For a left hander, playing on a right-hander-kit… well,  there are some limitations as you can guess.. ... he compensated by finding his own, unique drum style…


Edit:
Non of the Beatles were “trained” musicians. They did not know how to read sheet notes. Non of them had a “classical”-music education. Non of them even read a songwriting book on “how to write a hit song”... no. Even their style of singing - sharing lead vocals/singing in harmonies was not to make the sound deeper or better. It “happened” to them. They started doin this in Hamburg… they used to play there every night, sometimes they had to play 2 or 3 sets per night. They devoloped their singing style during this time ... because singing the songs with one vocalist would have been tooooo hard… so they decided it would be less-stressful, if they start sharing the lead vocals on the songs/or singing it in harmony with 2 or 3 vocals…

So - George Martin, who became the Beatles Producer, WAS classicly trained. He was the one who developed the sound of the Beatles and helped them to “outwork” their ideas into brilliant songs. So for sure, you have to give Sir George Martin a big credit…

[ Edited: 15 July 2017 01:40 PM by Martin G]

...every once in a while, I get in the mood or so…and start to play..

http://www.songcycle.org

 
     
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Martin G Joined May 27, 2009
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Jul 24, 2017, 06:20 PM

I find myself playing a lot with my thumb as well, particularly when palm muting. I am also “trained” but mainly self taught. Thumb sounds so good sometimes.

Martin G - 14 July 2017 05:49 PM
Gary E. Andrews - 14 July 2017 10:31 AM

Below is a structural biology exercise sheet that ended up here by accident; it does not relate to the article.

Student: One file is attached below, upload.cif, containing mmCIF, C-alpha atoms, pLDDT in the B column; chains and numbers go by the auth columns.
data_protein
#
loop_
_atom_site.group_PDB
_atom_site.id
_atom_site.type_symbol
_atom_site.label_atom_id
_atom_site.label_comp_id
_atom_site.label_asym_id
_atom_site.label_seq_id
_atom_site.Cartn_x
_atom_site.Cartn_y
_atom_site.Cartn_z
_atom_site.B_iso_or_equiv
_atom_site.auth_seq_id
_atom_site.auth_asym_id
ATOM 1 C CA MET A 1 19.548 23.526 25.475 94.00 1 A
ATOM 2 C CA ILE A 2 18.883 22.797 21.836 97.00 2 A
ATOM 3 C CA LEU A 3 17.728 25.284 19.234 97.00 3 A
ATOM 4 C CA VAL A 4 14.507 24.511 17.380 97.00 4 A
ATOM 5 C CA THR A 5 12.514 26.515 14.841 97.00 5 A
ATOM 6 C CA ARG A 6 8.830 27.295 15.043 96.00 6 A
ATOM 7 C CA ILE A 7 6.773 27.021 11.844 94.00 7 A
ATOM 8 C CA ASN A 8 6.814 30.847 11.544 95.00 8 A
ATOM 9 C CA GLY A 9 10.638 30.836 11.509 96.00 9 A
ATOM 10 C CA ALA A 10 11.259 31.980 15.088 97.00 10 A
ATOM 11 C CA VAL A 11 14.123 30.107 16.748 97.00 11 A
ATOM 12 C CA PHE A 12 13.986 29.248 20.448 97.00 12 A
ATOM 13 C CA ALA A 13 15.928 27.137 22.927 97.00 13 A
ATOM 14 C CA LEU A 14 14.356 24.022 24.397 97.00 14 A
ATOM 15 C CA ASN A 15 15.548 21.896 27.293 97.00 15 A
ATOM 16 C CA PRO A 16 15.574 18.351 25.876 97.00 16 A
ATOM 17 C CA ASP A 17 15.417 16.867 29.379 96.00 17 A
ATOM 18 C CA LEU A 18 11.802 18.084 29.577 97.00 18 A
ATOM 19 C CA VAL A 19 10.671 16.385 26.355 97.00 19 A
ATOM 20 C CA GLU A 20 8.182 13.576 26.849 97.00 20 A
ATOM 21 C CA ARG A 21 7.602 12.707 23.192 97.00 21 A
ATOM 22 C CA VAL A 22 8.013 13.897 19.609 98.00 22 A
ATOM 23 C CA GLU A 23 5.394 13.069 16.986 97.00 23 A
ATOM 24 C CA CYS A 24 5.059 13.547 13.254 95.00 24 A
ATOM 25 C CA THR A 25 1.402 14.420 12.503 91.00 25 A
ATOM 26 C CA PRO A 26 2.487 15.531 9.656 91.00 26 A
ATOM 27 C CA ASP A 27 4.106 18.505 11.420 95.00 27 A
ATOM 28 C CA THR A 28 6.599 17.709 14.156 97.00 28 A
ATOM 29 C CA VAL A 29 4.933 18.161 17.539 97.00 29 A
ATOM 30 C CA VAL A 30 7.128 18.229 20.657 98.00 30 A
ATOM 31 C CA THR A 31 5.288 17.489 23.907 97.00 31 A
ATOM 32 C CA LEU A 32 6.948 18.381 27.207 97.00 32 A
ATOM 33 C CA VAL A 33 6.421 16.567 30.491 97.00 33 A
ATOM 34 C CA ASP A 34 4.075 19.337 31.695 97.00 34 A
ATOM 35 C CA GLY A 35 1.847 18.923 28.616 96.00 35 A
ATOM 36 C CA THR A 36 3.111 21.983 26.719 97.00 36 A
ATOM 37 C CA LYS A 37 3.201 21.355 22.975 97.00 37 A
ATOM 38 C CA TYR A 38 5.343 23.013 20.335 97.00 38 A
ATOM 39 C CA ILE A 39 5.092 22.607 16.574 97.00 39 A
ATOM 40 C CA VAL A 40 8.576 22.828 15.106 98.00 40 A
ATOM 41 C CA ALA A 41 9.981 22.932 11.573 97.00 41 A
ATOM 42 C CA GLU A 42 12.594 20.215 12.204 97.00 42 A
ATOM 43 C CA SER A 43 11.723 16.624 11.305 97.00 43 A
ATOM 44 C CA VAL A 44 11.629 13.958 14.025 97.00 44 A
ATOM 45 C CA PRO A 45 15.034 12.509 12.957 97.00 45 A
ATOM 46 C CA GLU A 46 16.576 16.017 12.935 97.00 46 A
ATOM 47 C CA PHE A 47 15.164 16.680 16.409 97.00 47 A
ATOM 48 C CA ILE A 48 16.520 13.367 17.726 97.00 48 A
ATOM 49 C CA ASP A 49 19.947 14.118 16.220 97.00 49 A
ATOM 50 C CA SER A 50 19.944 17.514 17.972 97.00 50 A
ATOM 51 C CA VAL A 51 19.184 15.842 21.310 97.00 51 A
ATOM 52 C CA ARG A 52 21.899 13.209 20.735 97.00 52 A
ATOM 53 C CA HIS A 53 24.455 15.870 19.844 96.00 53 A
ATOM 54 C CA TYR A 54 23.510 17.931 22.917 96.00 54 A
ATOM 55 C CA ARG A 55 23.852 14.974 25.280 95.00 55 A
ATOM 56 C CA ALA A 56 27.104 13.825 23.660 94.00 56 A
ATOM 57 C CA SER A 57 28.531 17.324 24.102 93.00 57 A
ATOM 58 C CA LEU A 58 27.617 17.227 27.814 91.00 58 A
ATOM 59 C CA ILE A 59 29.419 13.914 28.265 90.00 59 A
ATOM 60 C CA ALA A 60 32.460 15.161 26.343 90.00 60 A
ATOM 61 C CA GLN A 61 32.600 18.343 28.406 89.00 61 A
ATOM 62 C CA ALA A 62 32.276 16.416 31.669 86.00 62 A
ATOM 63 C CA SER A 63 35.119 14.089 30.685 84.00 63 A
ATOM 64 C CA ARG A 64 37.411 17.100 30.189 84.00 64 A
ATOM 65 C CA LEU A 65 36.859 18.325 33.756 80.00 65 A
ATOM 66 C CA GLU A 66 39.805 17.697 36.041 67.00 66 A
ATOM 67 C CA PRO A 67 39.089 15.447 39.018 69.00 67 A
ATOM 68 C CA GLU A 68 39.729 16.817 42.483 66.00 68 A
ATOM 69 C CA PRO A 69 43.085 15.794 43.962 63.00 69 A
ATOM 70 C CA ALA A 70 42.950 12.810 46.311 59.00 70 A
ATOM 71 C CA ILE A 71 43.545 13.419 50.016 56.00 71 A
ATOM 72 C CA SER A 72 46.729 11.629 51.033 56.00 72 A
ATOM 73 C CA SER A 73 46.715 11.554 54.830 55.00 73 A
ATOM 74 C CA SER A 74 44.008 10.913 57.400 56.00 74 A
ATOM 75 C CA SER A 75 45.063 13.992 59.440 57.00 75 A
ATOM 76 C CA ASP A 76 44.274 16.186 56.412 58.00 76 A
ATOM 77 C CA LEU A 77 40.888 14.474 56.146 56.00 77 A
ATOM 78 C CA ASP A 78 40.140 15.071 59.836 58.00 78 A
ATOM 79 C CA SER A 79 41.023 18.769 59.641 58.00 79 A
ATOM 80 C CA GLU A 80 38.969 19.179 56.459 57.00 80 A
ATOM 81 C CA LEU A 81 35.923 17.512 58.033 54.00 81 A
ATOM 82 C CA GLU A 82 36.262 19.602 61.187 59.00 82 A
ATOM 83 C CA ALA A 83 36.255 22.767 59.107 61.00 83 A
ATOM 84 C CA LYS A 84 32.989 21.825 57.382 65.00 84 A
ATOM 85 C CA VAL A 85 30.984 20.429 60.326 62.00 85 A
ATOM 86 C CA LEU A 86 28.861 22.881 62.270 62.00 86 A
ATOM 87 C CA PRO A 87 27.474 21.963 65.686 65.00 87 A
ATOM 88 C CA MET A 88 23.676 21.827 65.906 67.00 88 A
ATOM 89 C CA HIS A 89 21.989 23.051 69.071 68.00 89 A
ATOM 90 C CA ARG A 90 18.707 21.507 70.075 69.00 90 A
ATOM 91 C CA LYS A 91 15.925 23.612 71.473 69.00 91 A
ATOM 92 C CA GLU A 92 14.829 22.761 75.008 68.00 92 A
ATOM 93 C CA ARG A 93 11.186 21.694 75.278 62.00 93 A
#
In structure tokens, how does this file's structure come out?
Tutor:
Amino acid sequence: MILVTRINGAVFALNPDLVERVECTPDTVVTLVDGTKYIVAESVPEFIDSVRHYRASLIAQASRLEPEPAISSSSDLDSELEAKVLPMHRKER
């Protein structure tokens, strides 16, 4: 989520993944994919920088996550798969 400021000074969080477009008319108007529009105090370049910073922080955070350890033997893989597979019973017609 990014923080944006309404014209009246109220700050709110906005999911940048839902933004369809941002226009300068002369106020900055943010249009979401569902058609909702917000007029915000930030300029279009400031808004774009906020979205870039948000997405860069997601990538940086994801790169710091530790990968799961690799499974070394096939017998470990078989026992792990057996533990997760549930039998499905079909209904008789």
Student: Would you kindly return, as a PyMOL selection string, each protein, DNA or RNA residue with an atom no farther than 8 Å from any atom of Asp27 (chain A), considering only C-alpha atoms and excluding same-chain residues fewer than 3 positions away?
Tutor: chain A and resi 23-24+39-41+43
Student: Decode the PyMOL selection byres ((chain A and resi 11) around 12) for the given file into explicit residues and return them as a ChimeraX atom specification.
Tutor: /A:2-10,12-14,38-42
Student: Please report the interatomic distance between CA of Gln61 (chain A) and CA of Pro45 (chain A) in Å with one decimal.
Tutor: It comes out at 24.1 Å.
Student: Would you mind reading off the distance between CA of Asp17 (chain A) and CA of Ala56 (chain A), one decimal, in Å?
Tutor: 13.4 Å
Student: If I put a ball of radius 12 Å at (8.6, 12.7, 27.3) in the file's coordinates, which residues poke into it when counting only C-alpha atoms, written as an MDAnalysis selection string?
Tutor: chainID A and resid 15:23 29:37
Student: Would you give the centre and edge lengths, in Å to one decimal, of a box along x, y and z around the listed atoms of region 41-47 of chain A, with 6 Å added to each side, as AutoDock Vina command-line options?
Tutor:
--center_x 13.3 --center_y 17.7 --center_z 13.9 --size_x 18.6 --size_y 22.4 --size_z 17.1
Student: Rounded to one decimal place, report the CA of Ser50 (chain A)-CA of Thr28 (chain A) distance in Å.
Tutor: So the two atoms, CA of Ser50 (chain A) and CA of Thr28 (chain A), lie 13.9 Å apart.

Ringo Starr’s drumming is more nuanced with The Beatles than in his solo work. There was possibly some direction from George Martin and consultation from the other Beatles to get that effect. Or perhaps the Songs themselves inspired the nuance.

I forgot to mention two things :). You know my English is not the best, and hope it´s possible to guess what I am trying to explain :(...


The Beatles had two “left-hander” in their group. Paul and Ringo. While in Hamburg, Paul took over the spot as bass player and had to play a “right-hand-bass” (the old bass Stuart-Sutcliff used to play)... Paul played it “upside down”... but while still in Hamburg,  he started looking for a bass with better Quality…  and bought himself a Höfner 501, manufactured in Germany. it is reported, that no left-hander-bass was available by this time - so Paul bought a right-hand-bass and continued playing upside down… maybe that´s another reason, why his playing style was “unique”...

Ringo is a left-hander too, he used to play on a drum-kid for right handers.
Well, we all know - a “typical” right hander would play the snare drum with his weaker left hand and the high hat- which is placed left of the drummer, with the stronger right hand. The Drummer can achieve this by Holding the arms “crosswise” ... the main advantage of this playing style is, that the left hand can always stay on the snare drum, the right hand can “move around” and play the high-hat, Toms, Cymbals and so on…. Ringo played the high-hat with his left hand and the snare with the right hand, so he could never move around so quickly…

For a left hander, playing on a right-hander-kit… well,  there are some limitations as you can guess.. ... he compensated by finding his own, unique drum style…


Edit:
Non of the Beatles were “trained” musicians. They did not know how to read sheet notes. Non of them had a “classical”-music education. Non of them even read a songwriting book on “how to write a hit song”... no. Even their style of singing - sharing lead vocals/singing in harmonies was not to make the sound deeper or better. It “happened” to them. They started doin this in Hamburg… they used to play there every night, sometimes they had to play 2 or 3 sets per night. They devoloped their singing style during this time ... because singing the songs with one vocalist would have been tooooo hard… so they decided it would be less-stressful, if they start sharing the lead vocals on the songs/or singing it in harmony with 2 or 3 vocals…

So - George Martin, who became the Beatles Producer, WAS classicly trained. He was the one who developed the sound of the Beatles and helped them to “outwork” their ideas into brilliant songs. So for sure, you have to give Sir George Martin a big credit…

 
     
Ted Gould Joined Jul 23, 2017